Physiology and modelling of traits in crop plants: implications for genetic improvements

K.J. Boote, M.J. Kropff, P.S. Bindraban

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130 Citations (Scopus)


Crop growth models have excellent potential-for evaluating genetic improvement, for analyzing past genetic improvement from experimental data, and for proposing plant ideotypes for target environments. Crop models used for these plant breeding applications should be sufficiently mechanistic that processes can be investigated in a manner familiar to crop physiologists and plant breeders. In addition, the crop models must consider a sufficient number of cultivar-specific traits descriptive of life cycle phases, vegetative traits, and reproductive growth attributes. In this paper, we discuss how crop models consider genetic variability within a species (cultivar variation), how varietal characteristics can be determined from variety trial or other data, how crop models can be used to evaluate past genetic improvement, and how crop models can be used to hypothesize ideotypes for specific environments. We conclude that crop growth models can partially reproduce genotype by environment interactions when considered across broad ranges of weather and sites, and that crop models can be used to help plant breeders target cultivar improvement for specific environments. However, more physiological insight into primary processes such as source-sink relationships and morphological development will be needed for enhanced application of the models in breeding programmes. ? 2001 Elsevier Science Ltd. All rights reserved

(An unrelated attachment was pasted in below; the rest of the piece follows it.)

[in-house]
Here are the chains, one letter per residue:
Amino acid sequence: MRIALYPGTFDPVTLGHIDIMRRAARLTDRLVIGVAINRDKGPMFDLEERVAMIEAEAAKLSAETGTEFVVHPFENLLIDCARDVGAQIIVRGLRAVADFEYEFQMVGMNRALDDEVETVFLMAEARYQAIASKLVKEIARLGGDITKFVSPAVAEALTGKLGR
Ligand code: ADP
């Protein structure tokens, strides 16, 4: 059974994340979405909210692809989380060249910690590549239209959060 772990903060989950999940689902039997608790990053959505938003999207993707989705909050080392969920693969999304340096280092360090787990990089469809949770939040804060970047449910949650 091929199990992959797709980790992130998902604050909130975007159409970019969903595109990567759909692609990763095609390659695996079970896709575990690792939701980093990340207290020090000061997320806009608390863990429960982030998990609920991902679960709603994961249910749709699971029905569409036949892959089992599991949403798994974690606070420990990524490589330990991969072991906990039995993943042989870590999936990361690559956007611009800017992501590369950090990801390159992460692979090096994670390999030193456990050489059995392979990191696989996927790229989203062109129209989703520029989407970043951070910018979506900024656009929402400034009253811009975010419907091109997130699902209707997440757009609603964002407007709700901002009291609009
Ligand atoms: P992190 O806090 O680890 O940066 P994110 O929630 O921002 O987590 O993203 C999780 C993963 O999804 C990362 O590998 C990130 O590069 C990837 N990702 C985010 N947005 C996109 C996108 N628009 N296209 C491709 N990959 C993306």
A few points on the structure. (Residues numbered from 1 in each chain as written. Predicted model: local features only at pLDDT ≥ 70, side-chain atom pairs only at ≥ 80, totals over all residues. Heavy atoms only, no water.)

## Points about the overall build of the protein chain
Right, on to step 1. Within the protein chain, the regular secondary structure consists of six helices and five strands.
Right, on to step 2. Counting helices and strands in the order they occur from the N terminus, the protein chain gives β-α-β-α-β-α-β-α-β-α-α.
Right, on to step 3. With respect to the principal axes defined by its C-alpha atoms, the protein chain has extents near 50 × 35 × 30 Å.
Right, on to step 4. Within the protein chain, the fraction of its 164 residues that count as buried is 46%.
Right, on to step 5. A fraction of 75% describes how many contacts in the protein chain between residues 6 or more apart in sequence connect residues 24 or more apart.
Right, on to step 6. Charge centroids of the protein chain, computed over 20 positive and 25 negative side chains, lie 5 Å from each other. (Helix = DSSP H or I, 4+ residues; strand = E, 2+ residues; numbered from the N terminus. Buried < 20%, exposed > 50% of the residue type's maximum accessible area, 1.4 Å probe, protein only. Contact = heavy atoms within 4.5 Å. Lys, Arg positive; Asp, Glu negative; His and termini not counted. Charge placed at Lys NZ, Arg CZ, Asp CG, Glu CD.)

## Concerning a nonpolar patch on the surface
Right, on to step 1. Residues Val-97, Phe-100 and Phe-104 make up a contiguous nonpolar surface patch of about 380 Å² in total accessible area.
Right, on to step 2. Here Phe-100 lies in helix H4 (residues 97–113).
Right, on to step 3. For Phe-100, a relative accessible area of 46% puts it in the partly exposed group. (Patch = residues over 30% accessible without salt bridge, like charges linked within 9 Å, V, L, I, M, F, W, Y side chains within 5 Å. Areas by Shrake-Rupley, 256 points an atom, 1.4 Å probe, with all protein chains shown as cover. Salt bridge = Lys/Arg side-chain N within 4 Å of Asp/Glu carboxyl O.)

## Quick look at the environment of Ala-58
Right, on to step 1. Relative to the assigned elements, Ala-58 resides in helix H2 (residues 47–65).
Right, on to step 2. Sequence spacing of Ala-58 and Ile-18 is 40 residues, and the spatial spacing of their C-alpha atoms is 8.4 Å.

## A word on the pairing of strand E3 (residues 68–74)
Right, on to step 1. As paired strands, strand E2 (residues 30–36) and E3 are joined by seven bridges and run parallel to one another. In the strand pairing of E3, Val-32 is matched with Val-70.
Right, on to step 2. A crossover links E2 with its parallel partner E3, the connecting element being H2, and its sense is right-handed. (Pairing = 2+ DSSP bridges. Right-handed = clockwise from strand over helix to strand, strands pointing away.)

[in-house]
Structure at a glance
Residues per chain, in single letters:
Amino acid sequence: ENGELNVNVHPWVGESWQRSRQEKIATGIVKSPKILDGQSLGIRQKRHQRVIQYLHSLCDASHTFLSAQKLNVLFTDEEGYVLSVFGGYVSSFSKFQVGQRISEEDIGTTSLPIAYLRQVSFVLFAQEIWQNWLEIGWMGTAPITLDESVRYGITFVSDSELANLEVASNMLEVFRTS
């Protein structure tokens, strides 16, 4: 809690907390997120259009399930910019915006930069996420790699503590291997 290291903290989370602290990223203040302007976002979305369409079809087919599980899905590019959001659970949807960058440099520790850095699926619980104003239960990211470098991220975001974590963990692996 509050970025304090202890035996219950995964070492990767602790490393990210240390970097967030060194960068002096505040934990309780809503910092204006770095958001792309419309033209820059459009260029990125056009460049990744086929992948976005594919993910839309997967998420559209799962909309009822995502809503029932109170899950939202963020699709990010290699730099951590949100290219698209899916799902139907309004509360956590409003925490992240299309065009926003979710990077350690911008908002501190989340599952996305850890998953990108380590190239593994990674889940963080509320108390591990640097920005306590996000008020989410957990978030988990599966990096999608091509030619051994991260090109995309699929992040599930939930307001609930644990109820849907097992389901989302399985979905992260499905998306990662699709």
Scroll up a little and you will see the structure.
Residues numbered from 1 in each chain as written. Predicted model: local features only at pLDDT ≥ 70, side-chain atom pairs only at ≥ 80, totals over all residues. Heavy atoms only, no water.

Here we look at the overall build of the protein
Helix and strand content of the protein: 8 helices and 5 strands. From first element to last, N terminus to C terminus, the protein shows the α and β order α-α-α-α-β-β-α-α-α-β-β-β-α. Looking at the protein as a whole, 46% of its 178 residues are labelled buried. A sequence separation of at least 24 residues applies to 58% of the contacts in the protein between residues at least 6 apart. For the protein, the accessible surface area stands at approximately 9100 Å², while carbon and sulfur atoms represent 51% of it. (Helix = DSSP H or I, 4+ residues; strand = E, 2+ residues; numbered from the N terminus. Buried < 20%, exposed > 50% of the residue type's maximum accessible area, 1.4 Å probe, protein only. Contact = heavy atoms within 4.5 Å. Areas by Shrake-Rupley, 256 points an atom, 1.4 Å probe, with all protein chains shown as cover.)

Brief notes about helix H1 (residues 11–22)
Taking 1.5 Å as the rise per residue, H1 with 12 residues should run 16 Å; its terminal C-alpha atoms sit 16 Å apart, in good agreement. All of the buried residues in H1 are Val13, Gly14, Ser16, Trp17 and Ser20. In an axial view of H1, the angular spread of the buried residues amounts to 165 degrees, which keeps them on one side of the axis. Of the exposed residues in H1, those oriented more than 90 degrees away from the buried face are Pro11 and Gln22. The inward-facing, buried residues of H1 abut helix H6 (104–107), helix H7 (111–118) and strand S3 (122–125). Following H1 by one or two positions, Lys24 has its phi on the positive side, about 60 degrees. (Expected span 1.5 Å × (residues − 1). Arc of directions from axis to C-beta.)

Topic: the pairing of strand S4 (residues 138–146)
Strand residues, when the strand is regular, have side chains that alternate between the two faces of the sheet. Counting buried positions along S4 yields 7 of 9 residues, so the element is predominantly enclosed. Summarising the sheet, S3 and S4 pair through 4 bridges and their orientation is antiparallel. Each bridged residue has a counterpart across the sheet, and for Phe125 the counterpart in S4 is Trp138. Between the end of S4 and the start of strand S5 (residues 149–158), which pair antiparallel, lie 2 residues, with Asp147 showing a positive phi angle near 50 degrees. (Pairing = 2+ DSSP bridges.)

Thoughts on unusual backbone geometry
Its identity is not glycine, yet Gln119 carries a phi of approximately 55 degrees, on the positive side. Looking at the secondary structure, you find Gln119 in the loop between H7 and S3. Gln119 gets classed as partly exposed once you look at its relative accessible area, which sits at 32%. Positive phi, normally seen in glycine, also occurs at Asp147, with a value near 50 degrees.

Original languageEnglish
Pages (from-to)395-420
JournalAgricultural Systems
Issue number2-3
Publication statusPublished - 2001

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